El Jefe's Amorphous Phormula

El Jefe

Zip Records, 2004

REVIEW BY: Duke Egbert


Dammit, I don't LIKE hip-hop. This is one of those ironclad personal rules of mine. So I'm offended that Bay Area rap/punk/reggae/hip-hop outfit El Jefe has dared to have the audacity to lay down some tracks that even I, a hopelessly uncool, unfly, and unhip music journalist can enjoy. Because, O Ye DV Faithful, El Jefe rocks. Their debut disc, my_heart_sings_the_harmony_web_ad_alt_250 El Jefe's Amorphous Phormula, is probably going to appear on my year-end Top Ten, thereby fulfilling one of the signs of the coming apocalypse. Meanwhile, however, let's enjoy it, shall we?

El Jefe is a five-piece band, and all five pieces are astonishingly good. Fernando Cardoso lays down serious drum beats as a foundation, Peter Lazarus plays a mean bass, Ken Bryant's guitar flickers from genre to genre with astonishing felicity, and the twin vocals of Darren Reid and Carlos Gonzalez are brilliant, bridging the gap between rap and spoken-word with an almost beat-poet sensibility. Add in a myriad of fun, unexpected flourishes, and you have something that transcends normal, run-of-the-mill hip-hop like nothing you've ever heard before. Sometimes El Jefe puts me in mind of serious old school poets like KRS-One, and it's no mistake perhaps that they've opened for him. El Jefe is who quasi-poseurs like Limp Bizkit want to be, and thank the gods they're around. Amorphous Phormula is tribal chants for tribes that meet under highway overpasses, and whose shamanic fetishes include subway tokens and stoplights.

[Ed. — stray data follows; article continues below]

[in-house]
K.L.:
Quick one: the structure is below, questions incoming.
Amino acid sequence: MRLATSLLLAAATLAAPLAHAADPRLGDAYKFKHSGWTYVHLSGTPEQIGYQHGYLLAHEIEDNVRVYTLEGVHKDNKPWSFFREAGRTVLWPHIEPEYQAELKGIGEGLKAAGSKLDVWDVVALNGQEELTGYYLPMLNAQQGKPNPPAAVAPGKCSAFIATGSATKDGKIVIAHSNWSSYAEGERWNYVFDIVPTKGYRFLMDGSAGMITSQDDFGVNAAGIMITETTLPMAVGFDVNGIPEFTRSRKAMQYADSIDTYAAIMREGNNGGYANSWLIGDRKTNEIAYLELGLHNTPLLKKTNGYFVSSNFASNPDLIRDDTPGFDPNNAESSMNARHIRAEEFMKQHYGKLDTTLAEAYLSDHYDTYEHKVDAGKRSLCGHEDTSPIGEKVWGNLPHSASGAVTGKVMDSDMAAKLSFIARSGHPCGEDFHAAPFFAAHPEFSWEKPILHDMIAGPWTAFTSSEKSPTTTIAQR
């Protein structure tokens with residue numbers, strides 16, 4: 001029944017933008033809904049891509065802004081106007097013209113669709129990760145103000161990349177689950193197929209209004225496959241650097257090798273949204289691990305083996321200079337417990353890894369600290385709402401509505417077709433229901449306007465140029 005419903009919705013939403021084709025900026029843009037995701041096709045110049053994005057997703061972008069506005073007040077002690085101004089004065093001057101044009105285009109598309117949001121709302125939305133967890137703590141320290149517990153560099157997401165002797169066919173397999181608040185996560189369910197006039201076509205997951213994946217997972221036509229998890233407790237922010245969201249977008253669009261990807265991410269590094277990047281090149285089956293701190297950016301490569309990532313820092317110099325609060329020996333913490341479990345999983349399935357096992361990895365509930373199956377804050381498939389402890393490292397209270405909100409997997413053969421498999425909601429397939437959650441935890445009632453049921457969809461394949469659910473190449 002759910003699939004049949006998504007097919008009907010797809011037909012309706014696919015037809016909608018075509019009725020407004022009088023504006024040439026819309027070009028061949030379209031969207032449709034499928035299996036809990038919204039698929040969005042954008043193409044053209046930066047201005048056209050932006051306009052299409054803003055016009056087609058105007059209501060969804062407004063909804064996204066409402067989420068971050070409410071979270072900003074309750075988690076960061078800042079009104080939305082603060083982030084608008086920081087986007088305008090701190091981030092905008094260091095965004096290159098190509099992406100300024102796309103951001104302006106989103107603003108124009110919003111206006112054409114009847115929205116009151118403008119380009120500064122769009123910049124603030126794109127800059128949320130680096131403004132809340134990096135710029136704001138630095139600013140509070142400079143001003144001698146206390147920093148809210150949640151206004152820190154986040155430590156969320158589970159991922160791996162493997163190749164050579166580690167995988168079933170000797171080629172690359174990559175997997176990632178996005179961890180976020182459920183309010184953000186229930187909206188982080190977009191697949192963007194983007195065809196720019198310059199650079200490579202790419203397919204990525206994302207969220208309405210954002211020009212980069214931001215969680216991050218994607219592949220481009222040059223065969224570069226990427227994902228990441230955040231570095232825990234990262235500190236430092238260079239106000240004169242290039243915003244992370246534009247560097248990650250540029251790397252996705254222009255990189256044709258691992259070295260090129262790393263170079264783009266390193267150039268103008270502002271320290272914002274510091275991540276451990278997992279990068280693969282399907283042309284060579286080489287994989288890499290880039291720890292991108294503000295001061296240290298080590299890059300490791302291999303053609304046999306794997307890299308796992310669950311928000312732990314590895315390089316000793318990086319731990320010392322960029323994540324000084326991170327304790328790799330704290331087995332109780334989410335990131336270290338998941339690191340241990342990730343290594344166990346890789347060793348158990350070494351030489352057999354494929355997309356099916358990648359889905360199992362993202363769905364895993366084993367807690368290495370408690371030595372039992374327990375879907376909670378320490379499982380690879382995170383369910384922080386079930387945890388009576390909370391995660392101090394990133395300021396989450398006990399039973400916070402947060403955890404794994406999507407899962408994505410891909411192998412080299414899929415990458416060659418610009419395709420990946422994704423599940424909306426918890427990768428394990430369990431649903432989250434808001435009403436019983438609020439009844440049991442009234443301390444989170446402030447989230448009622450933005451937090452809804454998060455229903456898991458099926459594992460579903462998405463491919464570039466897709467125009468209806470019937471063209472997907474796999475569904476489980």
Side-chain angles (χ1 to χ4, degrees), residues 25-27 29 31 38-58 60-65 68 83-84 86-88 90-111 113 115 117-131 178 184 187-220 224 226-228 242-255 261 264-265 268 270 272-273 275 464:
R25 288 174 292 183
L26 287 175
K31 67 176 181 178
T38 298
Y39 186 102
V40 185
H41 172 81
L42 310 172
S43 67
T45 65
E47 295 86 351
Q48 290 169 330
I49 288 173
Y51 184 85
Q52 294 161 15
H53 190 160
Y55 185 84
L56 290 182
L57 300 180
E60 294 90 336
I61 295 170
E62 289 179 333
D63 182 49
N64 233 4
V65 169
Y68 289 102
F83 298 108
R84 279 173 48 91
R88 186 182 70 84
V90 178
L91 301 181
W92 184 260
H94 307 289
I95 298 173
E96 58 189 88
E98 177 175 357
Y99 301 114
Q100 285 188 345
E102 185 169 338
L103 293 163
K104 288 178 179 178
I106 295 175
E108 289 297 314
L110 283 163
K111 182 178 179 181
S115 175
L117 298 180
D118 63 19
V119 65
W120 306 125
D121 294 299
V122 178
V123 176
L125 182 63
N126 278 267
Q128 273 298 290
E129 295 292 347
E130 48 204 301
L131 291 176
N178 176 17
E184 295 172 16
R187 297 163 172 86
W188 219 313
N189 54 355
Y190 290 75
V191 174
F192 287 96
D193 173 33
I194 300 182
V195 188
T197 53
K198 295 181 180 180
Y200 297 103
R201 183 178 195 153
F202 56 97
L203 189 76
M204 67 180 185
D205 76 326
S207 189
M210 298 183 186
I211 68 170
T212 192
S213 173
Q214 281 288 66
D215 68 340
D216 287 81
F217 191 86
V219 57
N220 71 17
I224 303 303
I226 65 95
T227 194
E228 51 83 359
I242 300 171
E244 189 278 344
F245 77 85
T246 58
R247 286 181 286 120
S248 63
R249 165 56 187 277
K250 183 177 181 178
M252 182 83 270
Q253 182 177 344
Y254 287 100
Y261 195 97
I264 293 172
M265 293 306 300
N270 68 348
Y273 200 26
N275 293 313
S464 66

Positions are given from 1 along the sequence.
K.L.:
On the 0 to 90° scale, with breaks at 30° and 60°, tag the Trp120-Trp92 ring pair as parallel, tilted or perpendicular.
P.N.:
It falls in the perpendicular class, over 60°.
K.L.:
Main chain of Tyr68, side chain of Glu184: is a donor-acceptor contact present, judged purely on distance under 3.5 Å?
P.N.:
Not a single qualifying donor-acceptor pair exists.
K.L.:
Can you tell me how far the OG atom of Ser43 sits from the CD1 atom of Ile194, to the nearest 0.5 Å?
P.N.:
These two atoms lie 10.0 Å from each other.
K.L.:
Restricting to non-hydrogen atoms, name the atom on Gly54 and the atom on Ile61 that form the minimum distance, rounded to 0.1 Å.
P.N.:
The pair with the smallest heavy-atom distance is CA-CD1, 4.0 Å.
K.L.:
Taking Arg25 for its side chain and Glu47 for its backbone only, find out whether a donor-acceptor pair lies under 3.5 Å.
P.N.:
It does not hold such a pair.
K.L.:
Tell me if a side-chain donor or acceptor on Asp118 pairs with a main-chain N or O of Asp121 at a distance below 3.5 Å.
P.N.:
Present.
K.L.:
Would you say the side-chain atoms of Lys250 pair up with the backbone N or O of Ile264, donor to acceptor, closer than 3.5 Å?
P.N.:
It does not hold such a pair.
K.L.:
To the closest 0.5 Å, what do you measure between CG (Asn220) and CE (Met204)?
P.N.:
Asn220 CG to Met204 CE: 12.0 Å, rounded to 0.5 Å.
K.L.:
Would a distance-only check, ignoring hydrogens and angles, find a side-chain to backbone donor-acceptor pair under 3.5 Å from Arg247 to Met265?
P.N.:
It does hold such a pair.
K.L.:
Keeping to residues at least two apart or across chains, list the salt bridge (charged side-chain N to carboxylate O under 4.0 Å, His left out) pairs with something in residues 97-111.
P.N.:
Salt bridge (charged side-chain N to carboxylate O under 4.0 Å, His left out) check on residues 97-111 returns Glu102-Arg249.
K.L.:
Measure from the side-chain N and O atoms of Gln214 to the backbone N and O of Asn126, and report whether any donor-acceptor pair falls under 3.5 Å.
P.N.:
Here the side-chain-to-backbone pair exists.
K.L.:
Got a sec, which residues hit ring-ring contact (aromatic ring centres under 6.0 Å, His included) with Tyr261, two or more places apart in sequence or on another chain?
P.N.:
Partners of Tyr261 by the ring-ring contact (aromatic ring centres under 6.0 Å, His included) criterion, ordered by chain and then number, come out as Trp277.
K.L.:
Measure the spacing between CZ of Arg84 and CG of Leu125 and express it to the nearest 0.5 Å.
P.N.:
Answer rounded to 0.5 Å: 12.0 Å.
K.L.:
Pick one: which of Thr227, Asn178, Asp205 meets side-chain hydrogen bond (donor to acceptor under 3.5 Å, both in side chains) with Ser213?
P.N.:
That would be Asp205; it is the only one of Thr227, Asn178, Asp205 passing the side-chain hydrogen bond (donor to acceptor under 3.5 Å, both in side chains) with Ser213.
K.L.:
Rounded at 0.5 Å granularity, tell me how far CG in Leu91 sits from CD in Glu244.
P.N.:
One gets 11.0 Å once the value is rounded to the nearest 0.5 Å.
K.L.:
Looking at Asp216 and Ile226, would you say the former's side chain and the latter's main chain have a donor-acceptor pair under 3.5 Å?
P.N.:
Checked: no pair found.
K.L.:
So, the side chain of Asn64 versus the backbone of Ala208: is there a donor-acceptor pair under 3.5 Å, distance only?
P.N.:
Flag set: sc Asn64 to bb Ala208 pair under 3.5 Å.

As such, this is a very very cool CD. Tracks worthy of note include the horn-laden "Intro," the surprisingly deep "1/2 Self, 1/2 Expression," the street poet's hallucination of "Nightmare On Cesar Chavez Road," and the shamanic journey of "Mushroombeat." The high point, by far, is the oddly gentle "Weather Radio," whose piano (yes, I said piano) puts me in mind of Radiohead or other dark progressive groups. Toss in samples from the National Weather Service and rain sounds, and you have a lyrical snapshot of the rare moments California gets a good soaking.

El Jefe's Amorphous Phormula is a brilliant piece of work from a band that I hope is around for a very long time. It's changed my mind about a lot of things, and I can't give a piece of music higher praise than that.

Rating: A

User Rating: Not Yet Rated



© 2004 Duke Egbert and The Daily Vault. All rights reserved. Review or any portion may not be reproduced without written permission. Cover art is the intellectual property of Zip Records, and is used for informational purposes only.